What is an Essential Oil

Essential Oils are nothing like vegetable, nut or seed oils. Although they share the word “oil,” molecularly they are quite different.

Vegetable-based oils, like almond, avocado, argan and jojoba, are the viscous lipid (fatty) substances that are produced after cold pressing the nuts, seeds and fruits.

An essential oil, on the other hand, is the volatile aromatic substance extracted from an aromatic plant, such as lavender. It is highly concentrated and molecularly complex, and contains the healing force, or “essence,” of the plant. This has been estimated to be 75 to 100 times stronger than the dried plant material on its own.

To call these uniquely powerful and dynamically rich substances “oils” is slightly misleading, because a genuine and authentic essential oil does not feel “oily” or “greasy,” but rather evaporates quickly and feels dry to the touch. The reason why they are referred to as “oils” is due entirely to their lipophilic (fat loving) nature, meaning they are not water soluble.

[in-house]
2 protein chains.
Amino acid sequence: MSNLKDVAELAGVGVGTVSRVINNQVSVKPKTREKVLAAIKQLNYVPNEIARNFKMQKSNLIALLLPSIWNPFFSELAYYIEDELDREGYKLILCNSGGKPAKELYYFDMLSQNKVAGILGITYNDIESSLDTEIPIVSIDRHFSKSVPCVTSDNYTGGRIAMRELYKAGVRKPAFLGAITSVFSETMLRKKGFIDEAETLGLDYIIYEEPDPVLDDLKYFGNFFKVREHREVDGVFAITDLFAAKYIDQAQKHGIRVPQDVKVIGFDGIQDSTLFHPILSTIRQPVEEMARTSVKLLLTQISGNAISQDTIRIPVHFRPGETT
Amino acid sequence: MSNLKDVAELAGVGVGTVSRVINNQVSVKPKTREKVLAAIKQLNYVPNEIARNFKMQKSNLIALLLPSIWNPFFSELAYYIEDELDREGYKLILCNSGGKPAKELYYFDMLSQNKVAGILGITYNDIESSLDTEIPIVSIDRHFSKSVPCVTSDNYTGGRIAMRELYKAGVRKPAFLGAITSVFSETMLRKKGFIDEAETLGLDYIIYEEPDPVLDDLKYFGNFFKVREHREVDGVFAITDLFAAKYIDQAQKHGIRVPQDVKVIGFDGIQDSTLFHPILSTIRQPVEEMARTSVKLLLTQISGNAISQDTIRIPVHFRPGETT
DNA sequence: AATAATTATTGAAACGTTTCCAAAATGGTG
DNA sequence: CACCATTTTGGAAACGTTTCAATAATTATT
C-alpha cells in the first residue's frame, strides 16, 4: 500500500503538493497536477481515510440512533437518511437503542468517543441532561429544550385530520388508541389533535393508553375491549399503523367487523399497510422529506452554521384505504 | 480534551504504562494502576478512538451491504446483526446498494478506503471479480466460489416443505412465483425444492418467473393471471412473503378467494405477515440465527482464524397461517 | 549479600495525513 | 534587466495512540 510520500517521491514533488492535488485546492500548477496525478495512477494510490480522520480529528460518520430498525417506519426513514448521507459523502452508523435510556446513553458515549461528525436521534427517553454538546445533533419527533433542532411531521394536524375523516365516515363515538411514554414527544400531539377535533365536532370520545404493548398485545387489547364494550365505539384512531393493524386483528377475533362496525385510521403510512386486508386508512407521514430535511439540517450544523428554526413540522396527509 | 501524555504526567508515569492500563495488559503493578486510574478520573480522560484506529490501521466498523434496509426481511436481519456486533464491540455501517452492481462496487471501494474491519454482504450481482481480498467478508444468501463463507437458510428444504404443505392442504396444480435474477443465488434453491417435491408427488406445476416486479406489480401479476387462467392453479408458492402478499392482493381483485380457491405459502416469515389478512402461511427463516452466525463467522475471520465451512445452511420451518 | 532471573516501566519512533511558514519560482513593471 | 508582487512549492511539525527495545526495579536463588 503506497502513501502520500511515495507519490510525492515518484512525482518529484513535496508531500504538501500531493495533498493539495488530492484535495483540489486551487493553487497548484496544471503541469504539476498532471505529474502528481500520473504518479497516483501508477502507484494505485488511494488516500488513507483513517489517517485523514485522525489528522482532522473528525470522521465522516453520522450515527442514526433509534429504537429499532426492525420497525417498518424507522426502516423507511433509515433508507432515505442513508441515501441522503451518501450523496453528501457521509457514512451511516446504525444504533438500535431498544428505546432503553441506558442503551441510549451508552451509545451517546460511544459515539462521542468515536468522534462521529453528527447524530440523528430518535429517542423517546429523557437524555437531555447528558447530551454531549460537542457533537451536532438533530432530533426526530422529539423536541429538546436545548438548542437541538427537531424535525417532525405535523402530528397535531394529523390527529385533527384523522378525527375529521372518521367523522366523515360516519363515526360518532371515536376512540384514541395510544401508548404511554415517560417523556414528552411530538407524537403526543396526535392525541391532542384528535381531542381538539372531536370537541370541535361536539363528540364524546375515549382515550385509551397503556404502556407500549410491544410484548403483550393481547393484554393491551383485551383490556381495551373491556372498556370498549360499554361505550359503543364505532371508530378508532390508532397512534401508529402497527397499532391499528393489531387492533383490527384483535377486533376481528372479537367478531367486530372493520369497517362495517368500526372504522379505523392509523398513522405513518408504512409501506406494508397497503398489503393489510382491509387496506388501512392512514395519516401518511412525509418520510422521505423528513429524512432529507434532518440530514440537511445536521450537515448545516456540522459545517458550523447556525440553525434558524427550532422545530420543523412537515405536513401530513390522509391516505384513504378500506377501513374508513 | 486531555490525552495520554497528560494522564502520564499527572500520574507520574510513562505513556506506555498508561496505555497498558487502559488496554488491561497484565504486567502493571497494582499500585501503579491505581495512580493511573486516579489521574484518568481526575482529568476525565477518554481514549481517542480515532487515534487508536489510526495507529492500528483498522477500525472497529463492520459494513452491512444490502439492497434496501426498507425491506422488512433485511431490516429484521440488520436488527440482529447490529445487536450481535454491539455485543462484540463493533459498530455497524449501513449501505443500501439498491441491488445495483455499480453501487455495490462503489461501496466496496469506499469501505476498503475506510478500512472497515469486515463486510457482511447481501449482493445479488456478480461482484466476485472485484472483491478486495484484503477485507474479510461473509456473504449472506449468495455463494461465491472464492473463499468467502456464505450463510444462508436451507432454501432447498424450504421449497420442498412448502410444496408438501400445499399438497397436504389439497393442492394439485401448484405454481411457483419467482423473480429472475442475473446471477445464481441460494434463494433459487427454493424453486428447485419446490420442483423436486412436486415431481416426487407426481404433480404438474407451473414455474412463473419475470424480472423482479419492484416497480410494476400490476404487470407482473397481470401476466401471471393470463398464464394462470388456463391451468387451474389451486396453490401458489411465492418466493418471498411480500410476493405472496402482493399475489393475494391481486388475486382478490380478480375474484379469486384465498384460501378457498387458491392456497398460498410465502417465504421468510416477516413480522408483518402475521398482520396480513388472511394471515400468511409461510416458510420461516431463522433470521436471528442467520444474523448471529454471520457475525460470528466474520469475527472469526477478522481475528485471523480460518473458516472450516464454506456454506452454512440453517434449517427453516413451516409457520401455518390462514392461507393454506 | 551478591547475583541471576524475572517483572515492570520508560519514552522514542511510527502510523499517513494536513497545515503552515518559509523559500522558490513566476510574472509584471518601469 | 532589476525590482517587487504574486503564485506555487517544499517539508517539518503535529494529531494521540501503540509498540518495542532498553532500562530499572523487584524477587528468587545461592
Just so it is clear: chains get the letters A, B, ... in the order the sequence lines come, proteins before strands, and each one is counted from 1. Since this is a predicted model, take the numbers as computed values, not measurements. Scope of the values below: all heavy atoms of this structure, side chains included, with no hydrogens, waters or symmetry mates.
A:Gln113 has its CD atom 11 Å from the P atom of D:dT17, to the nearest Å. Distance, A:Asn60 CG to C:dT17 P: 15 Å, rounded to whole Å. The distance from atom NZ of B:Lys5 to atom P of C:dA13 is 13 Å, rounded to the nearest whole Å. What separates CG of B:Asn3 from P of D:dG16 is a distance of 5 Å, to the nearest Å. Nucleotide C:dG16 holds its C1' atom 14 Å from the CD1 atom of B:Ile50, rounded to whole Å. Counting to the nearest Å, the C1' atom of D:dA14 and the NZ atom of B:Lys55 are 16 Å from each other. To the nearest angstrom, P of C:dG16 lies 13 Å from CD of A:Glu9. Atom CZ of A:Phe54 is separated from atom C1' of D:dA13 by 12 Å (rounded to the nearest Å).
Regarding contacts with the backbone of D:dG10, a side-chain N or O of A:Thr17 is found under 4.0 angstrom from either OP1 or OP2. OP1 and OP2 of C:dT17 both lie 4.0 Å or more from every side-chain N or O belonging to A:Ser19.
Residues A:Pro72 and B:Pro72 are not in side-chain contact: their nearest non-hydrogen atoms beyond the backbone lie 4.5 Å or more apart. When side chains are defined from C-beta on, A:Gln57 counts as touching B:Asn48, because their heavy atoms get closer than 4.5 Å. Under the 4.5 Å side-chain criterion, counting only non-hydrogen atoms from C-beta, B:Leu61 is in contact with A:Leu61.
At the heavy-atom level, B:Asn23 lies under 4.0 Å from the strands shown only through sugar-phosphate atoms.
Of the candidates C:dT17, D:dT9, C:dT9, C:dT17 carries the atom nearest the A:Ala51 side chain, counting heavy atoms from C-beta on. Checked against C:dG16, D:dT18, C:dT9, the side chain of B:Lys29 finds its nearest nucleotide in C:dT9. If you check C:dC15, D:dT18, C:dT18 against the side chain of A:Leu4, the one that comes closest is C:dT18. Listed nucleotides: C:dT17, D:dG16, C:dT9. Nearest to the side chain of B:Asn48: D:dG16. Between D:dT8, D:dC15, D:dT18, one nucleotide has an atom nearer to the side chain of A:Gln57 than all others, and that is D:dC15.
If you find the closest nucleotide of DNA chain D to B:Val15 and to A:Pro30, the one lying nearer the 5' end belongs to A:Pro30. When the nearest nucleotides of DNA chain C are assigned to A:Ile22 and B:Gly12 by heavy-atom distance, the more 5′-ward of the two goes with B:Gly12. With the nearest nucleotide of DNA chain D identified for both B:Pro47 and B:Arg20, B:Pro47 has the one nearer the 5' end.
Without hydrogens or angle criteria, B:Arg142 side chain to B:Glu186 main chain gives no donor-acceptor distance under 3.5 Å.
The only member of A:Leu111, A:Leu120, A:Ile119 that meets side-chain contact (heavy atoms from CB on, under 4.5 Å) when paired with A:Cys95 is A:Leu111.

Furthermore, all plants produce Essential Oils which are essential to their survival, however, not all aromatic components, can be picked up by scent. The human sense of smell is not as robust as animals or insects, and is therefore limited in the quantity and range of aromatic plants that we can smell.

All plants produce essential oils which are key to their survival, however, not all aromatic components can be picked up by scent by human beings.

Essential Oils never dissolve in water or leave a greasy residue or film on clothing or on paper. They evaporate and volatilize quickly, and feel dry and light to the touch. They should always be kept out of direct sunlight, or direct heat, and should never be ingested (unless under the expert guidance of a qualified expert.